Major safety problem
Aileron Cable Failure
This tip was originally authored by Carl Mason and was featured in the 1986 summer issue of the Observer.
This problem has reared it's ugly head again... Read and heed!
During the summer of 1985, an L-19 with a banner in tow made a right turn while flying low over the water. Witnesses reported the plane rolled excessively to the right, followed by the sound of the throttle being closed (popping, backfire, then idle). The plane struck the water nose low, which demolished the plane and injured the pilot. The pilot drowned. Five hours later the plane was brought up and the engine tested, with perfect results. An aileron cable was found snapped, with the outboard section beyond the break piled up in a "birds nest" in the left aileron bellcrank space. Microscopic examination of the break revealed that the majority of the wires in the cable had been rubbed throulgh before the cable snapped. The rubbing occured at the first phenolic support (called the chafe strips" in the manuals) just outboard of the cable connector in the left wing. It appears likely that the cable snapped as the pilot rolled into his right turn, and, in the resulting confusion, he closed the throttle causing the nose to drop and hit the water.
Examination of seven other L-19's resulted in the removal of four additional aileron cables with obvious damage at the same point on the cables. It appears that the weight of the long cable extending from the little pulleys in the center of the cabin on the back of the rear cabin carry through spar , and out to the first phenolic support in the wings creates more wear at that point than elsewhere. Note that the connectors themselves are contained in this run of cable, there by adding more weight to the cable. Civilian Cessnas do not have these connectors which add weight to the cables. Worn cables may not be detected in the "feel test", due to the dirt and gunk "cementing" the severed ends to the rest of the cable as it passes back and forth on the "chafe strips". On L-19's with electric flaps, good visual inspections can be made through the large flap jack inspection hole. The ailron can be moved up and down to bring the wear spot to the flap inspection hole on the first cable, then the other cable to the inboard side of the phenolic support. On birds with manual flaps, it may be necessary to disconnect and remove the outboard cable sections for inspection and then put them back in. Other operators have mentioned similar problems.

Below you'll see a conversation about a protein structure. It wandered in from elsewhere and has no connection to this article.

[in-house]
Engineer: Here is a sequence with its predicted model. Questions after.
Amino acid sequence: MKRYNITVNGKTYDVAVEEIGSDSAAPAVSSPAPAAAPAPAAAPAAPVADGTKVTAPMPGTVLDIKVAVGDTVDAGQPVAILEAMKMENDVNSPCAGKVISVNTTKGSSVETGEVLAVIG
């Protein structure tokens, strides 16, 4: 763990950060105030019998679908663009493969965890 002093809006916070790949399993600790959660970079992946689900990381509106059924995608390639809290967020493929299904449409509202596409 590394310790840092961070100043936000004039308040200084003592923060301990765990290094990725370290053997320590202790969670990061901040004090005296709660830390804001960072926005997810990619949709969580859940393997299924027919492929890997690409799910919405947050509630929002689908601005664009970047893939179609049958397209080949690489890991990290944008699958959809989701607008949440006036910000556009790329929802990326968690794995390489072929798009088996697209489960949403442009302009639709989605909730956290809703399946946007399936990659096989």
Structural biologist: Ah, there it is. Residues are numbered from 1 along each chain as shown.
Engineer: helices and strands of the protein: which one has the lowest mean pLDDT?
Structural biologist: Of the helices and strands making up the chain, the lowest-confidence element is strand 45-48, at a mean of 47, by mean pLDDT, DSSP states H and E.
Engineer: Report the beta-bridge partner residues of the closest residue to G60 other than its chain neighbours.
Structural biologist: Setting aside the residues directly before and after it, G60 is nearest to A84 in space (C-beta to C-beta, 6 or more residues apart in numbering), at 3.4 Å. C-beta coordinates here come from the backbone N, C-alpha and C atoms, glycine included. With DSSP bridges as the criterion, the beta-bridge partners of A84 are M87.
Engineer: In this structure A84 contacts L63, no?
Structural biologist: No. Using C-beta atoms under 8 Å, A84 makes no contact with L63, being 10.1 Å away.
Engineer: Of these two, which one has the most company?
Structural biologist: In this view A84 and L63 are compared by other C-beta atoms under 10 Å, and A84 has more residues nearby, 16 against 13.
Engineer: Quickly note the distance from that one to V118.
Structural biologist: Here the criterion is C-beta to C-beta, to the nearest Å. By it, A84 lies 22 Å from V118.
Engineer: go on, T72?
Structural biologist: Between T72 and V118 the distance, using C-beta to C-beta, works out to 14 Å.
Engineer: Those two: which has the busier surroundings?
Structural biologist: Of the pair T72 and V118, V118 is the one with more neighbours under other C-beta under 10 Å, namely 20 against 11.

Also, it seems that all L-19's were originally shipped without the secondary aileron travelstop bolts installed under the floor. The bracket for the bolts is there, in some cases people have later installed these bolts. The bolts prevent the stick from traveling beyond the aileron travel, thus over stressing the cables. Check your Bird Dog and install these bolts if they are missing. The aileron cable problem is serious.....So serious, in fact, that the FAA is recommendng an AD be issued requiring inspection .
Mitch adds: The above article is supported by a copy of a FAA "Memorandum and Recommendation", dated Oct. 2 1992 from the Aviation Safety Inspector titled, Airworthiness Alerts AC 43-16 and the Service Difficulty report Summary published by AVN-143.
You can find more information like this in our members area, which
Material contained on this page is published for examination and evaluation by the reader. The IBDA has made no attempt to verify any of the contents, and accepts no responsibility for any item printed in this publication.
© 1999 - International Bird Dog Association